Danny Welbeck has got the ability to go all the way. His lively display and opening goal for Manchester United in their League Cup win at Barnsley on Tuesday was the latest impressive contribution in a fledgling career and I know Sir Alex Ferguson thinks he is good enough to have an outside chance of gate-crashing England's World Cup squad.
He is tall and quick with great movement and technique. But what sets him apart is his attitude. Too often these days, in football just as in society at large, young people have a small amount of success and think they have cracked it. They get cocky and above themselves and it's a problem. But that is a million miles from what Danny, 18, is like. He is one of the most level headed kids I've known. He's very self-critical too, perhaps too much so. I still spend a fair amount of time around United and I know Danny gets very disappointed with himself when he feels he hasn't shone. I have said to him a number of times that he must not beat himself up, but he's a perfectionist.
When I was pretty much the same age that Danny is now, I was at Arsenal under George Graham, and very much on the fringe of a team where Alan Smith and Paul Merson were scoring the goals, and Perry Groves was among the other strikers. I felt I was good enough to be playing, but wasn't getting the break. I wasn't the player for George, who was not really my cup of tea either, so I went out on loan, then moved on. I can't say things worked out too badly.
All I can say to Danny is the most obvious sign that he is on the right track is that he is getting picked to play in United's first team, and they are hardly struggling for world-class players! He is getting his chance and he will take it, of that I'm sure.
Danny is one among a growing group of fantastic young English players coming up. Jack Wilshere at Arsenal, 17, is another. I have watched him play a few times and his balance is frightening. I saw him in last year's FA Youth Cup against Liverpool and he was unplayable; his awareness of space, and what he can do with the ball. Also at Arsenal there is Theo Walcott who shows all the signs of being up there, when he finds the best position.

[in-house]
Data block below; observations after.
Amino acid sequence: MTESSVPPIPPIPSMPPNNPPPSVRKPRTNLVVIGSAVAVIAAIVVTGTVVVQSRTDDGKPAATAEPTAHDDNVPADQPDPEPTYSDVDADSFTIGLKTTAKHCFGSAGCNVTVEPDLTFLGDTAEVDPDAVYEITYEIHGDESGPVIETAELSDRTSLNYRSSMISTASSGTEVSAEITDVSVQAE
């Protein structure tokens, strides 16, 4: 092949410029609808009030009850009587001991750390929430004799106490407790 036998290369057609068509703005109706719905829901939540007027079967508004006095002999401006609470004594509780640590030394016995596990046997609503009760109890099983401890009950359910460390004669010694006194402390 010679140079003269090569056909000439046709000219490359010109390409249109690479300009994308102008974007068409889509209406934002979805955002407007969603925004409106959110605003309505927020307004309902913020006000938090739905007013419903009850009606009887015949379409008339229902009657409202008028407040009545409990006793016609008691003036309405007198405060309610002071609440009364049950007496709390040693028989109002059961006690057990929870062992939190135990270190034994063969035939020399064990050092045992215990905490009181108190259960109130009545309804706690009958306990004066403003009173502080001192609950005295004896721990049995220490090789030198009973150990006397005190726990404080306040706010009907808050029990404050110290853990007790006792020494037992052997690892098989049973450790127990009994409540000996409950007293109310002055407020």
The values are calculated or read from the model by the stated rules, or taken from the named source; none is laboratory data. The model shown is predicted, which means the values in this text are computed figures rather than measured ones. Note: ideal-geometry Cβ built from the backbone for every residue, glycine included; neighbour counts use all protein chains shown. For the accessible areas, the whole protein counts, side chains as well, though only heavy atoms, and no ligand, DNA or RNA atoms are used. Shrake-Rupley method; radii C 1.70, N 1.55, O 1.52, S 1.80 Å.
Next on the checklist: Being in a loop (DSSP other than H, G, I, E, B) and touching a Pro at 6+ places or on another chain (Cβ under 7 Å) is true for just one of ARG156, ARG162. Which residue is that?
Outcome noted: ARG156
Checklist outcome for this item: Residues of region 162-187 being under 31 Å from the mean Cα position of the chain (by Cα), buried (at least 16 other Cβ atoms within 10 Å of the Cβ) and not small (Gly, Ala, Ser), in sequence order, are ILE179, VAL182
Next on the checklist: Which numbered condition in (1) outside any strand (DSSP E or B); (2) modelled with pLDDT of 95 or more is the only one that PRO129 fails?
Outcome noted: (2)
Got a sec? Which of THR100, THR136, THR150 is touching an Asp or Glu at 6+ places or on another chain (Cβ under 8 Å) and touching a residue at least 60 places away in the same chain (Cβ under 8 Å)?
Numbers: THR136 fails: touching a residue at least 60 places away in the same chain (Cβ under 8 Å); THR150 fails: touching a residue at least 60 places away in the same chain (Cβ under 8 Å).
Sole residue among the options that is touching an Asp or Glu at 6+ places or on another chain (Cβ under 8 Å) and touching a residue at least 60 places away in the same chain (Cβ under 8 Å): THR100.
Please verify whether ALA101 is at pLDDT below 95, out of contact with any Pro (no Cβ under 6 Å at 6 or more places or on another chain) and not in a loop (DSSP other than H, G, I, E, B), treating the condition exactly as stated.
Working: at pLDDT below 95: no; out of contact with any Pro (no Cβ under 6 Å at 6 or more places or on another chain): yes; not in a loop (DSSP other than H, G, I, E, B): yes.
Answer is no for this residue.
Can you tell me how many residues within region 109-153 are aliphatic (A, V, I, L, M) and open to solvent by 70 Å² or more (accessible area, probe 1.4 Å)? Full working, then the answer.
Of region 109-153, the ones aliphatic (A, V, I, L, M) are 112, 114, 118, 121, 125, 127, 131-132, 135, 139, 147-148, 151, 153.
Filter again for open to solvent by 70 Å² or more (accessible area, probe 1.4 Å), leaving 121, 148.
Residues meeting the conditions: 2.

It has often been said that an influx of foreign players is damaging English talent and that is too huge a debate to have here. But what seems obvious to me is that the best will find a way, and that those English players who do make it into Premier League teams are having to be really special to do so, which is no bad thing.
Personal bias aside, England deserve to host the 2018 finals
I'm proud to be among England's 2018 World Cup bid ambassadors, along with Michael Ballack, Robinho, Alan Shearer, David Beckham, Wayne Rooney and a bunch of others.
There are good emotional reasons why England should stage the tournament; since 1966 alone it's been to Germany (twice), Spain, Italy and France. So it would be good to have it back in the home of football after so long.
But let's leave the emotion aside. England has got the best infrastructure, huge support for the game, and is way ahead of any other nation as the melting pot for world football. Look at any Premier League game on any day to see that.
In the course of my duties as an ambassador, whatever they happen to be, I'll be telling people that – not because I have to, but because it's true.
To whoever stole my car...
Irony: I was robbed last week doing charity work! I was at an event organised by the Professional Footballers' Association and staged at the Soccer Dome at the Trafford Centre. I was there as a guest coach, and the idea was to get kids motivated. Anyway, while I was doing my coaching, all my gear was stolen. I'd left it in a room that I'd been assured would be secure.
If I've got a beef about it, it's that somebody forgot to lock a door. If I've got a bigger beef, it's with whoever pinched my mobile phone, my car keys – and my car. Anyone who's ever lost their phone or had their car stolen will know how annoying that is. The thieves that took my motor dumped it after stripping it bare. It was only found because it was fitted with a tracker device. The police are looking for the culprits. Thanks a bunch, whoever you are, and remember: it might not be today or tomorrow, but what goes around, comes around.
The fee for Andy Cole's column is donated to Alder Hey hospital and sickle cell anaemia research. He works on charitable projects with the sport and media team at law firm Thomas EggarReuse content